After an absence of a couple of months’ sabbatical, largely brought about by a need to save up for a trip to Australia, this past week I’ve played loads of cracking board games, all in the tranquility of the Norfolk Broads. We set sail laden with a fresh case of wine from Laithwaites, snacks aplenty and a pile of our favourite tabletop games. Our little cruiser had a superb open-top lounge area with a goodly-sized table, perfect for unwinding under the evening sun.
As a holiday present, my girlfriend bought me a copy of Sherlock Holmes: Consulting Detective – something I had wanted for ages – so things got off to a flying start. We found it the perfect game for a summer evening and very challenging. As Tori pored over newspapers and scrambled through the directory to find witnesses, I stared at the map trying to recreate the route of a murderer to the scene of the crime. The first night we played it, not quite reaching a conclusion before we were too tired, we ended up waking up the following morning with new theories and lines of enquiry to try out. The second adventure had us both similarly guessing and working out who the killer was, with Tori the more eager one to try and match Holmes’ speedy deduction skills while I favoured the more patient approach. My review of it will be coming shortly, but suffice it to say here that it’s one of the best games I’ve played in years.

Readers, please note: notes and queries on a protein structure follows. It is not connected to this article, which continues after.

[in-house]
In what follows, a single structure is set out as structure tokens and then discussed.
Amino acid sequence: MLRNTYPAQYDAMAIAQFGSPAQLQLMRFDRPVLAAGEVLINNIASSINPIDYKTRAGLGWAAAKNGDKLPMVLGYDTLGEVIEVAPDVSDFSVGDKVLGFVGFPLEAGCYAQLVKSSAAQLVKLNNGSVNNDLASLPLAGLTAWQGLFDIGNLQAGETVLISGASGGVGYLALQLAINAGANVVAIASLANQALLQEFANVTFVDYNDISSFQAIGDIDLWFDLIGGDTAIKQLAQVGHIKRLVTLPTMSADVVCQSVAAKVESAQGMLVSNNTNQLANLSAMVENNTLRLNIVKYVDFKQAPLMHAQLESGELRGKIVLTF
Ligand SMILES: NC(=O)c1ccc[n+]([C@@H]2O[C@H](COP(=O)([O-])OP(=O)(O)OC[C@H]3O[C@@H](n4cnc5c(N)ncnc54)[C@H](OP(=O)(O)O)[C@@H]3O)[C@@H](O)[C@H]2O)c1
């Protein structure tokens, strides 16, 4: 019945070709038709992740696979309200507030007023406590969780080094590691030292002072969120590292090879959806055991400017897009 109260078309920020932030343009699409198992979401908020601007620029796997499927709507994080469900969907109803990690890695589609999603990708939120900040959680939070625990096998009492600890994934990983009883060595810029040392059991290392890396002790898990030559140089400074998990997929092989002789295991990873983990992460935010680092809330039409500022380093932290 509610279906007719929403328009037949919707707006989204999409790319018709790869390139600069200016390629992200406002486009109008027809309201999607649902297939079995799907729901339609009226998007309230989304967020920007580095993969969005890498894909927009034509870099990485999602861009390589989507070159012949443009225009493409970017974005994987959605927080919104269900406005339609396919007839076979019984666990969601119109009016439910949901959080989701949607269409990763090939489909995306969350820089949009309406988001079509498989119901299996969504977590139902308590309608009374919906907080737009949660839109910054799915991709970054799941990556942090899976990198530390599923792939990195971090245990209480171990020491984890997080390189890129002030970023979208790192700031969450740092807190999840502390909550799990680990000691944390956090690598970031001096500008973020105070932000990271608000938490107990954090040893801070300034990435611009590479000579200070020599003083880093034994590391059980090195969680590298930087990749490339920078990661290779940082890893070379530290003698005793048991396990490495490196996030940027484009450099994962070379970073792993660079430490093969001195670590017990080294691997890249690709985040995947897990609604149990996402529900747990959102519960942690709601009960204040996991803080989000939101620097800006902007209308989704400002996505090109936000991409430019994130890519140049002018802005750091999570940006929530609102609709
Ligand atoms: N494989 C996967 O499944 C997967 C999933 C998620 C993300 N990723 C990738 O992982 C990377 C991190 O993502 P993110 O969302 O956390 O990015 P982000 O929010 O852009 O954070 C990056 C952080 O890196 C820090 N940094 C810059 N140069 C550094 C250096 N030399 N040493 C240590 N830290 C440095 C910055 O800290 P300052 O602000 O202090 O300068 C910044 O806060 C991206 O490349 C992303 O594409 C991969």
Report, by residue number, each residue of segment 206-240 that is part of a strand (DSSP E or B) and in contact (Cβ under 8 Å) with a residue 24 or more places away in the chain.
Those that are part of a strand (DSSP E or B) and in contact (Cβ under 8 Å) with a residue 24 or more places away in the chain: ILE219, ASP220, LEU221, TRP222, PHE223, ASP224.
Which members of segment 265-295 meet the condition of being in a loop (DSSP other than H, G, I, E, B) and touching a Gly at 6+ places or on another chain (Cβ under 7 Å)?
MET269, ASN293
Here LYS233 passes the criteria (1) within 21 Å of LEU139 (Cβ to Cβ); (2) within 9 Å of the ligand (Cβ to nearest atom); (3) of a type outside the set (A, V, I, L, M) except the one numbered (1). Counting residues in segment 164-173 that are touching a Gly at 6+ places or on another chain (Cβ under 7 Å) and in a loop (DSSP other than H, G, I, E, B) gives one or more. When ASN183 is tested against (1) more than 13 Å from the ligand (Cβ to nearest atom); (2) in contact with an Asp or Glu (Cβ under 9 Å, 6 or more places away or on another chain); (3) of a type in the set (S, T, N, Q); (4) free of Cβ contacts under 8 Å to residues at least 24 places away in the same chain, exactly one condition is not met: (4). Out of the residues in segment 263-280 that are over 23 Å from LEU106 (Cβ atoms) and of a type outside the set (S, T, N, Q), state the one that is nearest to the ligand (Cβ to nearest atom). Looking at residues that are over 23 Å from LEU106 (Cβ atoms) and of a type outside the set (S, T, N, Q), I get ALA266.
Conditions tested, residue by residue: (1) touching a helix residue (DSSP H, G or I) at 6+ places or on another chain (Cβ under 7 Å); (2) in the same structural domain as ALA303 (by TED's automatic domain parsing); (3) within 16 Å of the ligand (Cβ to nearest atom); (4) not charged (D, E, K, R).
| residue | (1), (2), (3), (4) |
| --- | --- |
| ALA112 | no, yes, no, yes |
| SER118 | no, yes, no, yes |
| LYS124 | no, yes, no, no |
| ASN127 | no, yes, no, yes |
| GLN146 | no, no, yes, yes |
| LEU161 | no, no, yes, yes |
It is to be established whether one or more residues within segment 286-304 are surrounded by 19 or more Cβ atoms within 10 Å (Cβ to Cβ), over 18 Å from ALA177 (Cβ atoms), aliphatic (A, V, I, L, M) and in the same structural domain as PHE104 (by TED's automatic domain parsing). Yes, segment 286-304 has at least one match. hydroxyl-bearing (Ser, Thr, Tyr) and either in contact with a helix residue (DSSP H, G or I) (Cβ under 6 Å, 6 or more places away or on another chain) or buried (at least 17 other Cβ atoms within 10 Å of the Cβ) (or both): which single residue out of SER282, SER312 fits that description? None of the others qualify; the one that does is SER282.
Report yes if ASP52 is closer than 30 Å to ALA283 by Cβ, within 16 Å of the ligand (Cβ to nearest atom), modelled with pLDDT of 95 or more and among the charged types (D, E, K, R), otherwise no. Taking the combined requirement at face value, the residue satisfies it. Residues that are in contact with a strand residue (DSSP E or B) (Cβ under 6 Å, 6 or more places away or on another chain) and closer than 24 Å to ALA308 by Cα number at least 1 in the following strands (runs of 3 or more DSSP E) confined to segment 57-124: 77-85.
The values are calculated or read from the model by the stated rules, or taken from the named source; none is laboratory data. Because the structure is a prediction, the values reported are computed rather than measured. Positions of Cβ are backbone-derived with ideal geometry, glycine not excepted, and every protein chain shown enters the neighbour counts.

Wine Accompaniment: Sauvignon Blanc, Pinot Grigio and half a bottle of Waxed Bat. Holmes would not have approved.
Viticulture still proves time and again to be one of my favourite worker-placement games. As well as being beautiful to look at, it’s easy to pick up and a very solid game in which there’s real strategy (and just a little luck) in building the perfect vineyard. I have long since found that the game is somewhat enhanced with a glass of wine or two, which can be considered a legitimate prop in this game. I built my vineyard steadily, but even though I fulfilled more wine orders I always found myself somehow behind Tori. My pile-it-high and flog-it-cheap strategy failed in the face of her higher-quality output, and she flew ahead on the final turn, blocking all the spaces I needed to produce that winning vintage that would have given me a 1-point victory. Perhaps the wine went to my head…
Wine Accompaniment: Black Stump and a whole load of Waxed Bat after a pub lunch
Splendor made a welcome return to our holiday tabletop. It remains one of our favourites; eminently playable, infinitely replayable and simple enough that anyone can learn the rules in 5 minutes- as well as being very portable for a holiday. Weirdly, having lost almost every game of it I’ve ever played, I’ve been on something of a winning streak with it lately and managed to coast to a 16-11 victory. Perhaps the bugs were starting to affect Tori’s concentration, or maybe the strange rustling coming from the bushes nearby?
Wine Accompaniment: NZ Marlborough Sauvignon Blanc
The week passed so quickly and by the end, we’d played so many games I lost track of them all and had so much fun. Boating, gaming and wine are definitely a happy mix.